Fire Season chronicles one of the many summers Philip Connors spent as a lookout in the Gila National Forest, sitting alone in a tower, scanning the treetops for smoke. Connors makes the arduous hike to his lookout post every year because "here, amid these mountains, I restore myself and lose myself, knit together my ego and then surrender it, detach myself from the mass of humanity so I may learn to love them again, all while coexisting with creatures whose kind have lived here for millennia." It is writing of that caliber, as much as the content, that makes Fire Season worth reading.
Although Connors writes lovingly of trees and grass, Fire Season is as much a tribute to solitude as it is an appreciation of nature's beauty. Connors writes that he does "not so much seek anything as allow the world to come to me, allow the days to unfold as they will, the dramas of weather and wild creatures." Connors channels (and makes frequent reference to) Abbey and Leopold in his descriptions of majestic nature, but also brings to mind (and sometimes quotes) Thoreau in his loving homage to isolation.
Connors peppers his book with lessons in history (the Warm Springs Apache hid from the Cavalry in the wilderness he now surveys) and biology (while moths, beetles, and tarantula hawks are some of the smaller creatures he observes, bears are a more frequent subject of comment). He provides a brief overview of conservationist philosophy and its history. Connors makes interesting what might in the hands of a less talented writer be dull, but the work still comes across as a hodge-podge: clusters of random facts connected only by their shared geography. Although the book is quite short, it reads as if Connors was searching for filler: a section discusses the unpublished notebook Jack Kerouc kept during his experience as a lookout; another discusses his experiences on 9/11; another recounts the vanishing wolf population in the Southwest. And given that the book is so short, it contains a surprising amount of redundancy: there are only so many times a writer needs to say that some fires are good and others not so good before the reader gets it.
My larger complaint (if it can be called that) about Fire Season is that it contains so little that is fresh. I'm not a biologist or ecologist or forester, but I knew before reading Fire Season (as I suspect most people did) that fires are necessary to the health of a forest environment, that the Forest Service didn't always understand that, and that public policy decisions about whether to let a fire burn are difficult to make and often controversial. Connors adds no depth to that discussion; his job is to look for smoke, not to make policy decisions, and his career is in journalism (and bartending), not forest management or firefighting. (There is, in fact, little in the book about the actual suppression of wildfires. Readers looking for an excellent fictional account of fighting forest fires should check out Andrew Piper's The Wildfire Season.) I'm not sure there's much to learn about fire from reading Connors' book that a reasonably well read person won't already know.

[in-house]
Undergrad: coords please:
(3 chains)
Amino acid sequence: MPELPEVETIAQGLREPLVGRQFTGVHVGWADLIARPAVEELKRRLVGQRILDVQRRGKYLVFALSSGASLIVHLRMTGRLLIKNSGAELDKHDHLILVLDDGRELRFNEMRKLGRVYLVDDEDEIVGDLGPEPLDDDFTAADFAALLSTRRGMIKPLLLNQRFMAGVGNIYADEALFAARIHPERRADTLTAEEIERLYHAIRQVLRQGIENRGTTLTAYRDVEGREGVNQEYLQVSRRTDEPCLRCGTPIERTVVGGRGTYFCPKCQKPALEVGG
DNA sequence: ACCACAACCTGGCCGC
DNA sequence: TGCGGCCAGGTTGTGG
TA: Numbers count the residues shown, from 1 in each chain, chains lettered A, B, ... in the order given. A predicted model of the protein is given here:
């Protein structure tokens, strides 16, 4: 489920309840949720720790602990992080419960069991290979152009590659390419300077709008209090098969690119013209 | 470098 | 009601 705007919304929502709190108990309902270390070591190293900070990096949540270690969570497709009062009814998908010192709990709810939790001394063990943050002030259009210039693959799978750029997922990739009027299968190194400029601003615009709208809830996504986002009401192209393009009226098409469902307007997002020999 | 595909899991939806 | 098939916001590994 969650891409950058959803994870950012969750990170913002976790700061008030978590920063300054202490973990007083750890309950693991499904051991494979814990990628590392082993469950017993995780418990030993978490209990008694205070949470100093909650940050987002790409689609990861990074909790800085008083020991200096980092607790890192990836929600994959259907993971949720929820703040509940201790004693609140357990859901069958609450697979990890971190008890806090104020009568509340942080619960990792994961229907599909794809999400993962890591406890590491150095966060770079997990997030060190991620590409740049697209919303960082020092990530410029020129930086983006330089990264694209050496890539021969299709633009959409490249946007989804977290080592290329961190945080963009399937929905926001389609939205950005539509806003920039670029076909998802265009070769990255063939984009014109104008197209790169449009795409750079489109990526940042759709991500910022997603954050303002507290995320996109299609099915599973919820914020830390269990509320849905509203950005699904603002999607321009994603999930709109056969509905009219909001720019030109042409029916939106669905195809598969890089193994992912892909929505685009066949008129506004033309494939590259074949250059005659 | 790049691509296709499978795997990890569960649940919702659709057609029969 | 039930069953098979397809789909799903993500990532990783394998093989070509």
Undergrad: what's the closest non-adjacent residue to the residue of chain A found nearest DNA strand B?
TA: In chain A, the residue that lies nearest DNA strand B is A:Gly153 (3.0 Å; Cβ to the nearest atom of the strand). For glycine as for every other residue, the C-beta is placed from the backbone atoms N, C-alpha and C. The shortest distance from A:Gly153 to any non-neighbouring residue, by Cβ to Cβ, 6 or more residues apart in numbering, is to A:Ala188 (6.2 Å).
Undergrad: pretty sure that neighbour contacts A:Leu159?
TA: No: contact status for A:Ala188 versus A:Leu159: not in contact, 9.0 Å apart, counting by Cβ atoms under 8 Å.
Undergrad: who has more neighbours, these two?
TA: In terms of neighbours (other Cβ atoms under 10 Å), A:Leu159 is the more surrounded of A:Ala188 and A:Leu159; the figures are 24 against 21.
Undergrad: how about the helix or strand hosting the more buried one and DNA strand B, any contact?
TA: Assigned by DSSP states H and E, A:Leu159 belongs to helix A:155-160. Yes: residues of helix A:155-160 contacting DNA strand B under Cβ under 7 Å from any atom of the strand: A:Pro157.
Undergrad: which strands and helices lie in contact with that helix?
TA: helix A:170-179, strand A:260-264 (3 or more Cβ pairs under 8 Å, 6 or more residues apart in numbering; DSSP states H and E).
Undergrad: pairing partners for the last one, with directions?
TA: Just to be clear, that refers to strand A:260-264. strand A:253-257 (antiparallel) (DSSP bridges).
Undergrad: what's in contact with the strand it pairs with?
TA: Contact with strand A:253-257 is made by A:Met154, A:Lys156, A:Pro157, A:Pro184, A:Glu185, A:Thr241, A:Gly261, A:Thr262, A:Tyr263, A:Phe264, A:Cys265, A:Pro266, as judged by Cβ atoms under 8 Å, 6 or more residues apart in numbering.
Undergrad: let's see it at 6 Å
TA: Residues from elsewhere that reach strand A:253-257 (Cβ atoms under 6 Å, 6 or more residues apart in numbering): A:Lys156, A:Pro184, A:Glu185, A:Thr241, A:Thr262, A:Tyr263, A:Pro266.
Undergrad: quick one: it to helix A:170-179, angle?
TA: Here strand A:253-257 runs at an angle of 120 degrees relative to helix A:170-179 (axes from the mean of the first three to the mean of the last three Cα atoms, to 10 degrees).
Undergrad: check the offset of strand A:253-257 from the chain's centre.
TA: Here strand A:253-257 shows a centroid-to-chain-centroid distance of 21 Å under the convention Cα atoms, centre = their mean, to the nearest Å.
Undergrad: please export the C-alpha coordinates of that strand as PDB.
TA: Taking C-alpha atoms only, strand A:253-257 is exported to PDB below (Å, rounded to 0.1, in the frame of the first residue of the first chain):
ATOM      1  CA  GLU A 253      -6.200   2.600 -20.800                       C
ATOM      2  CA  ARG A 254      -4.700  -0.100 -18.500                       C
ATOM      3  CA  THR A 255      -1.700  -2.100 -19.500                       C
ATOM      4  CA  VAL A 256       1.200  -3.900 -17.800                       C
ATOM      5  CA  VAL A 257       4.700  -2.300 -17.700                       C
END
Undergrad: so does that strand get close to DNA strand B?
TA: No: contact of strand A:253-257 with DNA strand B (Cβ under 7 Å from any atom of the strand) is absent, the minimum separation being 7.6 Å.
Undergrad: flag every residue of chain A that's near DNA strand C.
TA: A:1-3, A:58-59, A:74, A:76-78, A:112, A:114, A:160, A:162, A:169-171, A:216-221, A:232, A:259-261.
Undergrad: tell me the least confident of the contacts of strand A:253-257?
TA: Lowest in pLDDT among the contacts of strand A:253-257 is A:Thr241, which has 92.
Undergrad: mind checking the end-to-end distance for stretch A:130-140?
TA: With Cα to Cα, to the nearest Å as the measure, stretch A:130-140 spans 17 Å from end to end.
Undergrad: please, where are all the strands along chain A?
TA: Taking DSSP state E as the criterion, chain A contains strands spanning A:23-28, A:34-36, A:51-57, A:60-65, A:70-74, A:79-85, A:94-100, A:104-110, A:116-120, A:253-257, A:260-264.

Connors' writing is strongest when it is most personal. Having a spouse who lives by himself in a tower every summer might challenge some marriages (while it might improve others); I thought it was interesting to read about the impact Connors' summer career has had on his marriage. When he writes about finding a fawn (apparently injured) and encountering hikers and the workings of his mind, Fire Season shines. Connors brings his dog into the wilderness for companionship and his description of the dog's personality change when transitioning to mountain life reinforces my belief that all books are made better by the inclusion of a dog.
In short, what Connors does in Fire Season has been done elsewhere, often in greater detail and with more authority, but the book nonetheless has value for the glimpse it provides of the sort of person who is content to sit in a tower for long stretches, pondering the wilderness, and for Connors' beautiful descriptions of (mostly) unspoiled forests and mountains.